Ho Chi Minh City (AsiaNews) - Tens of thousands of Vietnamese Catholics visited the La Vang Marian Shrine, in the central province of Quang Tri, on the feast day of the Assumption, celebrated yesterday, 15 August. Pilgrims made special offerings for their families and the country in the country's most important shrine dedicated to the Virgin Mary. Mgr Leopoldo Girelli, Pontifical delegate presided over a special Mass together with the archbishops and bishops of Ho Chi Minh City, Hue, My Tho, Xuan Loc, Lang Son, Hung Hoa, Da Lat and Da Nang, as well as 200 priests before a crowd of pilgrims in prayer.
The feast day celebrated yesterday also saw the laying of the first stone for the new cathedral. Having obtained all the necessary provincial permits, the work site opened under the attentive gaze of the bishops and the members of the Committee for Holy Art of the Vietnam Bishops' Council. The faithful and pilgrims had waited a long time for construction to start. For Vietnamese Catholics, Our Lady of La Vang is the most important Vietnamese Catholic site.
On the feast of the Assumption, Vietnamese Catholics showed loyalty, gratitude, love and communion with the leaders of the country's Church. In his the homily, the Pontifical representative said, "Mary's assumption to heaven is our happiness," which will "grow when the Marian Shrine of Our Lady of La Vang is built" to celebrate Mary "as our heavenly mother."
Mgr Girelli highlighted the importance of religious freedom for human beings in a country where Catholics are often victims of abuses. Through cooperation with local authorities, the top Vatican official said, "We have established ideal conditions to build the cathedral."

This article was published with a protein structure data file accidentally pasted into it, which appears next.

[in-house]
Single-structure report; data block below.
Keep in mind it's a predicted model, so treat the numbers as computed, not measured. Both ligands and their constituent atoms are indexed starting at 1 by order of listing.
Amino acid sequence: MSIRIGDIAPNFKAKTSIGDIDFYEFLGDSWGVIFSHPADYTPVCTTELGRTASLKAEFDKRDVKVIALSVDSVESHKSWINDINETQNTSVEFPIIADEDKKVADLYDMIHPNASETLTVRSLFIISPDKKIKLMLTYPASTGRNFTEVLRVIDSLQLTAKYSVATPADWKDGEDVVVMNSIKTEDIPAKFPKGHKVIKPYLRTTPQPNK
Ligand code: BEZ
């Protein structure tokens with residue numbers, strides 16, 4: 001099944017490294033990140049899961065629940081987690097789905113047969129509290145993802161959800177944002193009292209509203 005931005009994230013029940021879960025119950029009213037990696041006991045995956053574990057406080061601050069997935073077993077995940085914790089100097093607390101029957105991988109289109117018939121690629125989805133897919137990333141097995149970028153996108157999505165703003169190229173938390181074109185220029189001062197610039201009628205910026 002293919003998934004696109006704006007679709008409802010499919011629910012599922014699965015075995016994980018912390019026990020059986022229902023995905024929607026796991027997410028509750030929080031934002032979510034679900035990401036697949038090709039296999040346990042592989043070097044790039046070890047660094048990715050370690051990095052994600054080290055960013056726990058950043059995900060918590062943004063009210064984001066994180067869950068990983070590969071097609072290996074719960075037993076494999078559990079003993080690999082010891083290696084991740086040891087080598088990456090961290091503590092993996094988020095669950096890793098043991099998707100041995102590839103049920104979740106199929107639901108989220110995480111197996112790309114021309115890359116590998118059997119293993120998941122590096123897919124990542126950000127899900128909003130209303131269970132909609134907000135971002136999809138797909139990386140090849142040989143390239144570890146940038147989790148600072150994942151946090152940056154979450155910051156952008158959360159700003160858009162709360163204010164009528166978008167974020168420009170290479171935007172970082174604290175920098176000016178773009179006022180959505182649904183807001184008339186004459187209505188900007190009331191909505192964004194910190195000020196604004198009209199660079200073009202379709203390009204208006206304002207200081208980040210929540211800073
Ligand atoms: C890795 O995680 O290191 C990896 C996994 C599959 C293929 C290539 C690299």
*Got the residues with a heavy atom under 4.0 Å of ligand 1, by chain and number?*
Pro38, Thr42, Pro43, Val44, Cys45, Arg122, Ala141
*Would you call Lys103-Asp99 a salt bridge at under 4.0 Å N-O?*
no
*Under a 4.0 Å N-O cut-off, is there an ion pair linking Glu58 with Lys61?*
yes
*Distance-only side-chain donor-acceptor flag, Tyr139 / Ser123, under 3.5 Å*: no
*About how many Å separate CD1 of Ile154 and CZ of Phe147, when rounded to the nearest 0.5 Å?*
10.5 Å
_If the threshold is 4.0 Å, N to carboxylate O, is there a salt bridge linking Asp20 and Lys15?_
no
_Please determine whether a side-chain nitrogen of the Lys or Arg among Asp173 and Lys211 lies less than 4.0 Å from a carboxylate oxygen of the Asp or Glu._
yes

Built in 1798, the original shrine has welcomed hundreds of thousands of Vietnamese. Over the centuries, it was destroyed several times, the last one in 1972 during the Vietnam War.
The shrine is located in Hai Dang, a district in Quang Tri province, some 60 kilometres from the city of Hue, at a site where Our Lady appeared in 1798 when the country was ruled by King Son Tay Canh Thinh who had ordered the destruction of all churches, parishes and the Catholic faith.
To escape the royal decree, Quang Tri Catholics found refuge in the forests and mountains of La Vang, praying to God and the Virgin Mary to spare their lives. Under the branches of an old tree, they spent nights praying and reciting the Rosary, asking Our Lady for "help and protection."
The cult of Our Lady of La Vang is widespread also among non-Catholics, including Buddhists and Protestants, who pray to the Virgin Mary for special graces.
Over time, it has become a point of reference and the national pilgrimage centre. It is currently undergoing renovation.